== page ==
Facebook and Twitter 'fuel doubling in complaints against doctors'

A reduced deference to the medical profession also makes patients more likely to complain, report finds

Official complaints against doctors doubled between 2007 and 2012 thanks to the availability of social media and negative press coverage of the medical profession, says a new report commissioned by the General Medical Council.

Over the same time period researchers from Plymouth University found that there was no evidence of falling standards but that patients had higher expectations of doctors and treated them with less deference.

The number of complaints went up from 5,168 in 2007 to 10,347 in 2012, with the GMC noting that social media and online forums encouraged patients to discuss their experiences and emboldening them to lodge complaints.

Dr Julian Archer, from the university’s Peninsula Schools of Medicine and Dentistry and the report’s lead author, said the reasons for the rise in complaints were “hugely” complex and reflected a “combination of increased public awareness, media influence, the role of social media technology and wider changes in society."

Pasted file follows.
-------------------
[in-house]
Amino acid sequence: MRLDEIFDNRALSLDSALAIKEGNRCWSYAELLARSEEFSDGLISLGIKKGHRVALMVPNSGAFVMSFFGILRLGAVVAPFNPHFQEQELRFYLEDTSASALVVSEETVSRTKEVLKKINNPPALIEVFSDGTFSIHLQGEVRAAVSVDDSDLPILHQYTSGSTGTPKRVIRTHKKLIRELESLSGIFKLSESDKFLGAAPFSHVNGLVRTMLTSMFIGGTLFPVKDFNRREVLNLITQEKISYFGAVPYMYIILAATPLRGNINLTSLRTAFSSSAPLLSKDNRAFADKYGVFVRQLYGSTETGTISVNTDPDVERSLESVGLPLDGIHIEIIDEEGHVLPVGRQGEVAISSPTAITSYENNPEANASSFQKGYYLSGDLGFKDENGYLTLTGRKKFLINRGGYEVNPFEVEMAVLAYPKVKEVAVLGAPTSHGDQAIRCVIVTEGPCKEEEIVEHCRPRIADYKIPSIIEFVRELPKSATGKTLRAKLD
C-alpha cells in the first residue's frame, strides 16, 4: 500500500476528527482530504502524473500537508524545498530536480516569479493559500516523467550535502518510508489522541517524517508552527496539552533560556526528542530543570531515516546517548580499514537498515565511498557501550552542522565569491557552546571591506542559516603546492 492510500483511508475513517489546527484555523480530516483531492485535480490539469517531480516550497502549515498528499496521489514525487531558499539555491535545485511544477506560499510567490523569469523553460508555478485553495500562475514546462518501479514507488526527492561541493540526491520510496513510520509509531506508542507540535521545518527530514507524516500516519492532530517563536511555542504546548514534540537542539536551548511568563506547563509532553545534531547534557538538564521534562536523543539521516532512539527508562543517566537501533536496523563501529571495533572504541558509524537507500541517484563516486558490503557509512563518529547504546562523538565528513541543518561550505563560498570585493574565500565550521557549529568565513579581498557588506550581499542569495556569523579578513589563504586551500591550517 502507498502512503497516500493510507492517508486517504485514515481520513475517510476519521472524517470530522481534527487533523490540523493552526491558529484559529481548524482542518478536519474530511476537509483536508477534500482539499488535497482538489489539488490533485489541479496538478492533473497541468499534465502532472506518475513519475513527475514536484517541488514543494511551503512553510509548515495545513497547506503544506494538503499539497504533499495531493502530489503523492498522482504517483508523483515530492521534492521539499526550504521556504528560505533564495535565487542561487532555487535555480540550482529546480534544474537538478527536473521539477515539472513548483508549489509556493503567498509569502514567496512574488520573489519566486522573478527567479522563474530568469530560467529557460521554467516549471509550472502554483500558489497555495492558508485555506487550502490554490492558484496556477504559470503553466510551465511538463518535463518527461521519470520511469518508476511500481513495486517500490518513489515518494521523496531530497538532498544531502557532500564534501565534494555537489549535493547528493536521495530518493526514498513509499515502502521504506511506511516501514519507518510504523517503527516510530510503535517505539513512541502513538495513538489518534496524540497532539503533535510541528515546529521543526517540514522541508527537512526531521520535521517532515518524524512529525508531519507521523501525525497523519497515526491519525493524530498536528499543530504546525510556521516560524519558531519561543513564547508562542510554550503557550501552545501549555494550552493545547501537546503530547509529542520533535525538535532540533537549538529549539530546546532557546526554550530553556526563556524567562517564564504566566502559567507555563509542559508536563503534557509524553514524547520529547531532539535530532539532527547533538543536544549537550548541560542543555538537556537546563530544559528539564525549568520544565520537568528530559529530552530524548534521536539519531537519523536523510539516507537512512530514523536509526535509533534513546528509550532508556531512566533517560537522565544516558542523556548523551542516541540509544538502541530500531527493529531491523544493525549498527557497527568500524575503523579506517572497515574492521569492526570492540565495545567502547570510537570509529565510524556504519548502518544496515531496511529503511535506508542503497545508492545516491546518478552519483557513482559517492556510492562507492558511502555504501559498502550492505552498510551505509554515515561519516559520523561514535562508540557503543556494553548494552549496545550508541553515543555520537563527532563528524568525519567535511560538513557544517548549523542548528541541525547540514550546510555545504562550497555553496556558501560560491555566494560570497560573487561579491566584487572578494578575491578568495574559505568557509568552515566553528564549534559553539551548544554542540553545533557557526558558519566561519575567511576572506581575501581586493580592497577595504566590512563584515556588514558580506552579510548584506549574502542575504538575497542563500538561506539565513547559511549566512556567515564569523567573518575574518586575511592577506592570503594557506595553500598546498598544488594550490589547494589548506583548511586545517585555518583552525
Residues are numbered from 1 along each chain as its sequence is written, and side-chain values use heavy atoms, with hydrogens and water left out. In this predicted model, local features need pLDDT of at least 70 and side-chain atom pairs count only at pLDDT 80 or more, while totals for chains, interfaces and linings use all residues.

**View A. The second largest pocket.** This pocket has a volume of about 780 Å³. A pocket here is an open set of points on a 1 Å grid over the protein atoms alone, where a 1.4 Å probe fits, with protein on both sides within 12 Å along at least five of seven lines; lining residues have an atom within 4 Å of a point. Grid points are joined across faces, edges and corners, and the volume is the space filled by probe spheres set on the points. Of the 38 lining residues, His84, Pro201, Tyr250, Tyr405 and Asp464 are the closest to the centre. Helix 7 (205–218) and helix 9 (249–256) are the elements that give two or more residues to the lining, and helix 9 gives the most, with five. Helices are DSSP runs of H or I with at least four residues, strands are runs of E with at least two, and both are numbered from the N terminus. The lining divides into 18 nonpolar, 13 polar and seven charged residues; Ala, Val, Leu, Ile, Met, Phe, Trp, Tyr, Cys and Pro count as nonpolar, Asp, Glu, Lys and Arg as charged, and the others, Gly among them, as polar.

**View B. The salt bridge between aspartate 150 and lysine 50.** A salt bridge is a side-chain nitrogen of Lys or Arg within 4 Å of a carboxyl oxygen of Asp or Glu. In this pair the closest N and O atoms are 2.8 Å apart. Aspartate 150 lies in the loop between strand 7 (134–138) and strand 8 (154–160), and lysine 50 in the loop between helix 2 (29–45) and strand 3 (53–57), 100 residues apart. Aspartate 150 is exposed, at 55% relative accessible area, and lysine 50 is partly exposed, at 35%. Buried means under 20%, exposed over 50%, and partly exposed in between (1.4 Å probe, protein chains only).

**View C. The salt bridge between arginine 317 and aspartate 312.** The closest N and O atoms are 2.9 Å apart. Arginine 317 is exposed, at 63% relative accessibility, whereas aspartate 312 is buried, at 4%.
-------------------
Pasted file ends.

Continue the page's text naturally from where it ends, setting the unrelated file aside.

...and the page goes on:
He added: "The report also indicated that there is much to do to improve the wider complaint handling system, so that complaints made by the general public about their doctors are directed to the appropriate authorities."

Niall Dickson, chief executive of the GMC, added that while more patients complained and found it easier to do so this did not reflect falling standards. He did add that the challenge for the GMC and other organisations was to find better ways to deal with these complaints.

“For the vast majority of patients and relatives, that will mean local resolution,” he said. "The large number of complaints we receive that are not for us suggests that the current system is not working as well as it should."

Additional reporting by AP

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